U.S. President Barack Obama (R) delivers remarks in reaction to the shooting deaths of nine people at an African-American church in Charleston, South Carolina, from the podium in the press briefing room of the White House in Washington June 18, 2015 (Photo: Reuters)
President Barack Obama said Thursday the church shooting that left nine people dead shows the need for a national reckoning on gun violence.
Obama, who knew the pastor killed in the attack, said he has been called upon too often to mourn the deaths of innocents killed by those "who had no trouble getting their hands on a gun."
"Now is the time for mourning and for healing," the president said. "But let's be clear. At some point, we as a country will have to reckon with the fact that this type of mass violence does not happen in other advanced countries. It doesn't happen in other places with this kind of frequency. And it is in our power to do something about it."
Those killed in Wednesday night's shooting by a white man at the historic black Emanuel AME church in Charleston, South Carolina, ncluded pastor and state Sen. Clementa Pinckney. Obama and first lady Michelle Obama knew Pinckney and the several other members of the church. The president referred fondly to "Mother Emanuel" as more than a church, calling it "a sacred place in the history of Charleston and in the history of America."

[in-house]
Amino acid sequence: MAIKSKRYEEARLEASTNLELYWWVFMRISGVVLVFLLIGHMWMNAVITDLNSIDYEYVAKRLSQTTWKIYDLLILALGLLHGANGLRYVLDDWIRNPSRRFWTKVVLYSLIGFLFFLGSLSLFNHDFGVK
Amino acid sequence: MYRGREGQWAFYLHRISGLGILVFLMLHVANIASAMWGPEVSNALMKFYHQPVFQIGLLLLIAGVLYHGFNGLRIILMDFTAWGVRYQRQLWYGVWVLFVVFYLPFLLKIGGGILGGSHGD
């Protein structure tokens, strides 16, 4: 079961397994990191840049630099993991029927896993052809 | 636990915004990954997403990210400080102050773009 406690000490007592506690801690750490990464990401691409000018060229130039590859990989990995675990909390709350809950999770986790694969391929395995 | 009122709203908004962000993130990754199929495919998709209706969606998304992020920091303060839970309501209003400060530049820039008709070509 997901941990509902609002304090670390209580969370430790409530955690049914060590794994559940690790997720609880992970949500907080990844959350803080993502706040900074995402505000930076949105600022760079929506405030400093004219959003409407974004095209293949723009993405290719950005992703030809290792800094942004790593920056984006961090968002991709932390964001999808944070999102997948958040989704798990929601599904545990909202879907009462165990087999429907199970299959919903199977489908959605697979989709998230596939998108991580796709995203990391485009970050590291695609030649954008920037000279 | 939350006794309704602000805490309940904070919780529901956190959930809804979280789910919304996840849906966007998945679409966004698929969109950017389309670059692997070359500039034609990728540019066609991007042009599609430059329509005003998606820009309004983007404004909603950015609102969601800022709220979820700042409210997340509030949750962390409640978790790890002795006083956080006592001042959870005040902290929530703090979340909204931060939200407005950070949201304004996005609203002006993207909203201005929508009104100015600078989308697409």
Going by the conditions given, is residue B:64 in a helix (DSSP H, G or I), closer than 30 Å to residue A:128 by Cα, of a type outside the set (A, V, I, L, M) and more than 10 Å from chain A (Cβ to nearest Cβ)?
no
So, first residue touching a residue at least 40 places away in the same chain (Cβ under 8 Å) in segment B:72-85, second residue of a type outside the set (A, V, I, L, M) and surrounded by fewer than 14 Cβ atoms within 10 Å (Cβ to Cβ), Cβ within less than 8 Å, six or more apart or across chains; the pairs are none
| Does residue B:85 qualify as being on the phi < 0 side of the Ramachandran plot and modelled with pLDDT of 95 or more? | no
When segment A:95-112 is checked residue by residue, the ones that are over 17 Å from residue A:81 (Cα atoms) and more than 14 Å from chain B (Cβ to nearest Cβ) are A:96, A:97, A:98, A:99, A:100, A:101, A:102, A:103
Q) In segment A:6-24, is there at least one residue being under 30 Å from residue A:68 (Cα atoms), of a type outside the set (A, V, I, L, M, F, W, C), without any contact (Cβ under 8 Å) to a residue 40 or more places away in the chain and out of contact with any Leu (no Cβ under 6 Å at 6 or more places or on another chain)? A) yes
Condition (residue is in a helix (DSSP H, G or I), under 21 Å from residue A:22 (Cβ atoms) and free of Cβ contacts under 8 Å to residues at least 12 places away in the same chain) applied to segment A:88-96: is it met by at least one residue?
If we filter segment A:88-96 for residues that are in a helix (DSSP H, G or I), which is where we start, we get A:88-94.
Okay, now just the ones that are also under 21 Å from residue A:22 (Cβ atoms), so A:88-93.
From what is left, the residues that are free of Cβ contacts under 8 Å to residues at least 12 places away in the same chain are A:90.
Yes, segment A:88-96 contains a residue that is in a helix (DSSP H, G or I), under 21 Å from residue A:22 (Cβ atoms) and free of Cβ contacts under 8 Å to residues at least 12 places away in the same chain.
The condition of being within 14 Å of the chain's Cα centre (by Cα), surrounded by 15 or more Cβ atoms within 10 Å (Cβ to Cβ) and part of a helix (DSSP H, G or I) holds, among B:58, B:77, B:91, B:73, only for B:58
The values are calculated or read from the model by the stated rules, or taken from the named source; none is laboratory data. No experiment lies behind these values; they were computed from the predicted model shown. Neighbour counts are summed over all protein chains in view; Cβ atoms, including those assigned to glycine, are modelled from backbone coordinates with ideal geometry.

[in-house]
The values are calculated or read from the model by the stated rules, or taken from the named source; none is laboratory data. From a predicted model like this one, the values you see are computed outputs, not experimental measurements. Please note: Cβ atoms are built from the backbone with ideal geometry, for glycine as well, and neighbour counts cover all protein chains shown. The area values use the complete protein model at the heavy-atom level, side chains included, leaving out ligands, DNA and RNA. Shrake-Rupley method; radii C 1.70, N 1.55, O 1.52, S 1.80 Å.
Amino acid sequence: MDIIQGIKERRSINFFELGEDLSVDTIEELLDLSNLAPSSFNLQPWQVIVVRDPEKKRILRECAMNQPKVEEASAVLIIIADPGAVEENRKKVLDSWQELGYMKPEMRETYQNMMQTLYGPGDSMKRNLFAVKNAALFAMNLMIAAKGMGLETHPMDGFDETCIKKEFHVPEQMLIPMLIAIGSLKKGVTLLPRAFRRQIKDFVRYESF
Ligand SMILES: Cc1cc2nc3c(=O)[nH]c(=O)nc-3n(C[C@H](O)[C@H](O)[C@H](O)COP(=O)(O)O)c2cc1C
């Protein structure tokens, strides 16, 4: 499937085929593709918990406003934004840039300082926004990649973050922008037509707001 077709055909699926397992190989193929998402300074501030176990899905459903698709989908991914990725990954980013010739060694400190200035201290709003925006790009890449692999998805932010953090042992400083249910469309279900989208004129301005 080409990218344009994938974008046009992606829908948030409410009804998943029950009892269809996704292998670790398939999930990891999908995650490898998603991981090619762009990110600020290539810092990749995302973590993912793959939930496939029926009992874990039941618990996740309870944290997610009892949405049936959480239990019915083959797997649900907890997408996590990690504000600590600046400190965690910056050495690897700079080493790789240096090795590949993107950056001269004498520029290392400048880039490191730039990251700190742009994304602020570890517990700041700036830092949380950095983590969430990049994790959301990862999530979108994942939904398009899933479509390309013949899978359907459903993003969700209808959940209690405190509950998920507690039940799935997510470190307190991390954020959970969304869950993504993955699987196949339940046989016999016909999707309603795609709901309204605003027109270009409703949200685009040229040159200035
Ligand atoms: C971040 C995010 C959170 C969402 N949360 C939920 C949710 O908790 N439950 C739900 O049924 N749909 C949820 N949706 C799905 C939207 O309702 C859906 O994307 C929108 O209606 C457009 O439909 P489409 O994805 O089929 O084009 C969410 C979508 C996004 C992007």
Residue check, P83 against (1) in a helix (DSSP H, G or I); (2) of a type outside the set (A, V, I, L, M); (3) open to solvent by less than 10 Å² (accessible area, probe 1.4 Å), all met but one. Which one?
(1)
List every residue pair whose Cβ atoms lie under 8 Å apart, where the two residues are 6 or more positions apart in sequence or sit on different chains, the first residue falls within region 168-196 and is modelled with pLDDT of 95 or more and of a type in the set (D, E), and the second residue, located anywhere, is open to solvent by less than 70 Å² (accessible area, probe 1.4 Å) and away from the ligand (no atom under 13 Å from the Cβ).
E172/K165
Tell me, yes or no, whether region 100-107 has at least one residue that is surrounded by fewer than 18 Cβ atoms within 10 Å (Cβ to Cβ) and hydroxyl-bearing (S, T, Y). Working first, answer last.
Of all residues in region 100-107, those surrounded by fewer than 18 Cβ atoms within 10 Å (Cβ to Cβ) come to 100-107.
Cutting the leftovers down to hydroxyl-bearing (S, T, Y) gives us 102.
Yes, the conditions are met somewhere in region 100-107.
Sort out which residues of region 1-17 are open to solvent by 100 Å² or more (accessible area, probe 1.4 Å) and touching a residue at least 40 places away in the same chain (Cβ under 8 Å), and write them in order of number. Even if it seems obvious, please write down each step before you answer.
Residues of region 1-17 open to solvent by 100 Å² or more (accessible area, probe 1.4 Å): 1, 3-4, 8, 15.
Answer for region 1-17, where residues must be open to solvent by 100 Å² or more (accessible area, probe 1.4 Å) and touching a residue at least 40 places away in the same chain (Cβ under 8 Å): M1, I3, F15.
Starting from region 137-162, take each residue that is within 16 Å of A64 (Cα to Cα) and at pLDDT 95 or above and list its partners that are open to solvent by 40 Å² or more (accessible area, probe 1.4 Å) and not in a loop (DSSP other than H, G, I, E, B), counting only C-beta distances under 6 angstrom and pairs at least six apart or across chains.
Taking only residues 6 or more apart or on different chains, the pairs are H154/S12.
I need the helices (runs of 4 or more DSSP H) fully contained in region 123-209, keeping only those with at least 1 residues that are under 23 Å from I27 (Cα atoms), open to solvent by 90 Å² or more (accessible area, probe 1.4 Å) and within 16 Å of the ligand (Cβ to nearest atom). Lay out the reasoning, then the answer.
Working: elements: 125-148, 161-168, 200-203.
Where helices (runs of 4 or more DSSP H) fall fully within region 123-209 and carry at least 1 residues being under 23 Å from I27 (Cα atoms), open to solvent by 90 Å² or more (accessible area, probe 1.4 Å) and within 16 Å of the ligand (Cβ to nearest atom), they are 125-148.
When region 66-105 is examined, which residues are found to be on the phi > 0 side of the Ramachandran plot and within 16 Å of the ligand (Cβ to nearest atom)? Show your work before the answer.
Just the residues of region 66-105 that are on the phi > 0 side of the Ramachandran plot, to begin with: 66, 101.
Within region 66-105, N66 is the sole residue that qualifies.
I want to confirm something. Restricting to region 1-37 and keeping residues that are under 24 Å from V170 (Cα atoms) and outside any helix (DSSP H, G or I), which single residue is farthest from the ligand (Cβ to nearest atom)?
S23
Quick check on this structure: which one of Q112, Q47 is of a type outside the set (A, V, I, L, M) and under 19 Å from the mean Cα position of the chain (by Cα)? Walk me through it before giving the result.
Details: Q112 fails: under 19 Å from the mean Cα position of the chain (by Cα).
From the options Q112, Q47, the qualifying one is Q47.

And while Obama said that because the shooting is under investigation, he was constrained from talking about details of the case, he added with clear frustration and anger, "I don't need to be constrained about the emotions that tragedies like this raise."
"I've had to make statements like this too many times," the president said.
The president acknowledged there is scant sentiment within the Republican-controlled Congress for stricter gun controls, saying he recognizes "the politics in this town foreclose a lot of those avenues right now." A federal universal background bill couldn't muster the 60 votes necessary even in a Democrat-controlled U.S. Senate in the months after the 2012 shooting rampage in Newtown, Connecticut.
But Obama held out hope for an eventual shift in attitudes.
"At some point it's going to be important for the American people to come to grips with it, and for us to be able to shift how we think about the issue of gun violence collectively," he said.
Obama said the shooting in a black church also raised questions "about a dark part of our history" of racism, but he said the broad-based outpouring of grief at the tragedy shows "the degree to which those old vestiges of hatred can be overcome."
Obama, accompanied by Vice President Joe Biden, said that he and Biden had spoken with Charleston Mayor Joseph Riley and other local leaders to express their condolences.